20.If ASEAN’s mediation efforts are to have any chance of succeeding, they must be much more assertive, with a focus on holding the leaders of the junta to account. The UK has a responsibility to amplify the importance of human rights and international law in ASEAN deliberations. Using its new status as an ASEAN Dialogue Partner, the UK should work with ASEAN to avoid any member states legitimising the junta’s authority, and should make the release of political prisoners and the cessation of all violence a fundamental part of the mediation process. The UK should also encourage ASEAN to impose a strict timeline on the junta for adoption of the five-point consensus, expediting a decision on the appointment of an ASEAN envoy to lead mediation efforts.

Other UN measures

21.In the absence of Security Council consensus, the United Nations General Assembly may adopt the ‘Uniting for Peace’ resolution. This mechanism is considered to be an alternative way of building consensus through the UN, if the Security Council is unable to reach agreement on measures. The Uniting for Peace resolution:

Resolves that if the Security Council, because of lack of unanimity of the permanent members, fails to exercise its primary responsibility for the maintenance of international peace and security in any case where there appears to be a threat to the peace, breach of the peace, or act of aggression, the General Assembly shall consider the matter immediately with a view to making appropriate recommendations to Members for collective measures … to maintain or restore international peace and security.26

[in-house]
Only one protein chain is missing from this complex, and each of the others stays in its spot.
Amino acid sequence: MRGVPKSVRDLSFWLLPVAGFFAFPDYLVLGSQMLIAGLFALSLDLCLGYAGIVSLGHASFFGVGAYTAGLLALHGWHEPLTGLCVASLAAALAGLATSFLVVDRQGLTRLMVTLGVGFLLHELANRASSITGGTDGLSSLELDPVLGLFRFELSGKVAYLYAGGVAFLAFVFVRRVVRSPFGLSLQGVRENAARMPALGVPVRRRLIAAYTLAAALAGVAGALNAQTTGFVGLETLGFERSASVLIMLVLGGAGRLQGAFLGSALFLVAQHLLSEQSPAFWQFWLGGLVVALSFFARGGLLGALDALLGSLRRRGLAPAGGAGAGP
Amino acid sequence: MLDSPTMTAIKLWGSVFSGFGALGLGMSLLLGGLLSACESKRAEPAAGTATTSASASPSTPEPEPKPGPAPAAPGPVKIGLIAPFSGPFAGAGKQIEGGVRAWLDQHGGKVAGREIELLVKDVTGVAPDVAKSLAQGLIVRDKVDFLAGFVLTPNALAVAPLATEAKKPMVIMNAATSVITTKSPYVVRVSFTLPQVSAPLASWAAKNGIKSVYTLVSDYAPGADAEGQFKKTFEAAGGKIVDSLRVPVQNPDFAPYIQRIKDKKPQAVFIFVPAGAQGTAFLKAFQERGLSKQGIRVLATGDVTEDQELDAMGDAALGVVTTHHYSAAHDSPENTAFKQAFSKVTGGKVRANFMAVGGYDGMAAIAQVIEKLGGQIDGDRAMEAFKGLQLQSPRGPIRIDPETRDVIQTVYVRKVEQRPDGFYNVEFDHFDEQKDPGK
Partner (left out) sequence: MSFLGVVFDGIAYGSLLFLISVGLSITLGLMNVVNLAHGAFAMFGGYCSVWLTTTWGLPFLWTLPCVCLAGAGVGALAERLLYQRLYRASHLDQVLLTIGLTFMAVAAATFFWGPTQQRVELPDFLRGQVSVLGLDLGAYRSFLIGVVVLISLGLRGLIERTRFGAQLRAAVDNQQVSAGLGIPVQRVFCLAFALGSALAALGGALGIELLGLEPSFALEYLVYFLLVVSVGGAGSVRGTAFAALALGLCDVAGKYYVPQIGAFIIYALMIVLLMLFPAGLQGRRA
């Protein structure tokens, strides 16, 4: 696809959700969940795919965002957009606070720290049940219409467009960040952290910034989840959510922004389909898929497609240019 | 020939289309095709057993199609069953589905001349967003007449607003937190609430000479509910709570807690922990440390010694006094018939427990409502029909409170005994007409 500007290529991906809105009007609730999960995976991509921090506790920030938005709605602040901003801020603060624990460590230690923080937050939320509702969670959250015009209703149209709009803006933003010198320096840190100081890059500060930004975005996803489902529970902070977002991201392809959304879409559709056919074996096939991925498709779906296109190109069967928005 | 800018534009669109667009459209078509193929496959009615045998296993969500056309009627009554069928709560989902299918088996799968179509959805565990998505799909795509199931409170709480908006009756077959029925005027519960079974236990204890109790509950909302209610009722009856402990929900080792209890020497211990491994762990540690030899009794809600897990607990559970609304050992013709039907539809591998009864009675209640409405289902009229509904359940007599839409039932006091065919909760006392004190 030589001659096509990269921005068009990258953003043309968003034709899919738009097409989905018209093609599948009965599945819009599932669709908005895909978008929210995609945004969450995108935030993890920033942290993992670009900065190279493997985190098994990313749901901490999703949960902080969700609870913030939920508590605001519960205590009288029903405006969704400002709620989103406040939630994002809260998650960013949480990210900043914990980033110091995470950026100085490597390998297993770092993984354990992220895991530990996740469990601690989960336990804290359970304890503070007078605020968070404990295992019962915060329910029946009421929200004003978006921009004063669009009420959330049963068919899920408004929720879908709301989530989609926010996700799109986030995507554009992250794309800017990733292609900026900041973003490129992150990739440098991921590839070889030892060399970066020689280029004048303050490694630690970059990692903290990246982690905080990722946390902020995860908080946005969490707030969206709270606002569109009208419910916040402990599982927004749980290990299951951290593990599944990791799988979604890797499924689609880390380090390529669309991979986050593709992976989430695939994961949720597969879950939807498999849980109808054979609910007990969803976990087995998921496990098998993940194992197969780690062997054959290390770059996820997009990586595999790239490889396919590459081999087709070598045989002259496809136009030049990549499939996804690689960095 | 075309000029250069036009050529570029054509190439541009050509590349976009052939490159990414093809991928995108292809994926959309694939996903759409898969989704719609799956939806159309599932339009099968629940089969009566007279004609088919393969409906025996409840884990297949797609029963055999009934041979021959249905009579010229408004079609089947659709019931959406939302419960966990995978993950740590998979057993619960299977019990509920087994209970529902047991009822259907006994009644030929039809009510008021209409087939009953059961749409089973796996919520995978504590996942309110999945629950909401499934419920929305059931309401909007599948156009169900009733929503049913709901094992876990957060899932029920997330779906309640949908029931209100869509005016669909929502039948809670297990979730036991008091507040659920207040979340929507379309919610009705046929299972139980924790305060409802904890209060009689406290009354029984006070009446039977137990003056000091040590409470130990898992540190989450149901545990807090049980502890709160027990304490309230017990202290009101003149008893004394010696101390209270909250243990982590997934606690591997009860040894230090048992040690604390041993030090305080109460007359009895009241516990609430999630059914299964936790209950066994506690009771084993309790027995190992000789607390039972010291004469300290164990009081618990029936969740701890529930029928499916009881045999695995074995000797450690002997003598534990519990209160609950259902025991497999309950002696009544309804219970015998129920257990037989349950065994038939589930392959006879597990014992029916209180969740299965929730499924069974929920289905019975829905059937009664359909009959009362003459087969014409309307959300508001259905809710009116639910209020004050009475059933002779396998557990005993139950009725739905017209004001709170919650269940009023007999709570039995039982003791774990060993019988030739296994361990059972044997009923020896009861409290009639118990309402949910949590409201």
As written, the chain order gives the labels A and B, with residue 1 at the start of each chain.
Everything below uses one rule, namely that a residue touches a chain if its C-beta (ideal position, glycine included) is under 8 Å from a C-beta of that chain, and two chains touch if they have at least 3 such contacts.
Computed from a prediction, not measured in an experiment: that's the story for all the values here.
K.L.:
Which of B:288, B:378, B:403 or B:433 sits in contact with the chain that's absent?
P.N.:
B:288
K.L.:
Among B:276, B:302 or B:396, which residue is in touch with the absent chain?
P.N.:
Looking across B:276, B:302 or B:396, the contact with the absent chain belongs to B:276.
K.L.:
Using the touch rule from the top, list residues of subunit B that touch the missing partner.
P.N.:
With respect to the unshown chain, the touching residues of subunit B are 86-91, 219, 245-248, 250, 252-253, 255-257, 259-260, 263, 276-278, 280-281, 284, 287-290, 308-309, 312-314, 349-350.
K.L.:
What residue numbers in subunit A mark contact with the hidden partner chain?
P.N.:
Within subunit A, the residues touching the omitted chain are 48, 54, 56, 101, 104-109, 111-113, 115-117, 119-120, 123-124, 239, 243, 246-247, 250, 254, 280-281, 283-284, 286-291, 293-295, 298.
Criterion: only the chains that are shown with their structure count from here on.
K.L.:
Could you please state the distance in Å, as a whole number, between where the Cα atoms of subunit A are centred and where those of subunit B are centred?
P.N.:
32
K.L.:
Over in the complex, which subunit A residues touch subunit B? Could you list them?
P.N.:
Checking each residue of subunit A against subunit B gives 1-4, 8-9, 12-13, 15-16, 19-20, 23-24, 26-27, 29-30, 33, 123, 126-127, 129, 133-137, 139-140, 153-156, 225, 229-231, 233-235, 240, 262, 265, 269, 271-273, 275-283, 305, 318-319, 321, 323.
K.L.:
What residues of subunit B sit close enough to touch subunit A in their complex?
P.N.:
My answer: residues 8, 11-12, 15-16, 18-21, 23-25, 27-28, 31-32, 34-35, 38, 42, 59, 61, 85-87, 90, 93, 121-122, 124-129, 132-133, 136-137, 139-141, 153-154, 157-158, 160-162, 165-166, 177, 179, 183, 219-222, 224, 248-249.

22.If the crisis continues to worsen, and in the absence of meaningful action through other United Nations mechanisms, the Uniting for Peace option may be another viable avenue for action, as the General Assembly has already shown consensus on an arms embargo. We recommend that the Government explore the feasibility of moving for a Uniting for Peace resolution if there is a failure to reach consensus in the Security Council within the next three months.

23.To draw further attention to the challenges faced by different groups, the Government should consider raising the issue of Myanmar at the UN treaty bodies. This may include, but not be limited to, the Committee on the Elimination of Discrimination against Women, due to the Tatmadaw’s reported use of rape as a weapon of war; the Committee on the Rights of the Child, due to the number of children killed by the Tatmadaw; and the Committee against Torture, due to the reported torture and extrajudicial detention of protestors.

9 Global Centre for the Responsibility to Protect (MYA0026) para 4.2

11 Burma Campaign UK (MYA0009) para 12

12 NUG Campaign UK (MYA0036) para 6

13 Global Movement for Myanmar Democracy (MYA0013) para 3

14 Foreign, Commonwealth and Development Office (MYA0020) para 11

15 Q3 [Dr Sasa]

16 Aung Myo Min (Minister for Human Rights at Ministry of Human Rights of the National Unity Government of Myanmar) (MYA0044) para 1.5

17 Oxford Programme on International Peace and Security at University of Oxford Blavatnik School of Government (MYA0017) para 6

18 Fortify Rights (MYA0040) para 2.3

19 CSW (MYA0019) p 3

21 Burma Campaign UK (MYA0009) para 26

22 Free Myanmar (MYA0007) para 4

23 Global Centre for the Responsibility to Protect (MYA0026) para 3.1

24 Q20 [Tom Andrews]

26 United Nations, General Assembly - Fifth Session, accessed 1 July 2021

Published: 16 July 2021 Site information    Accessibility statement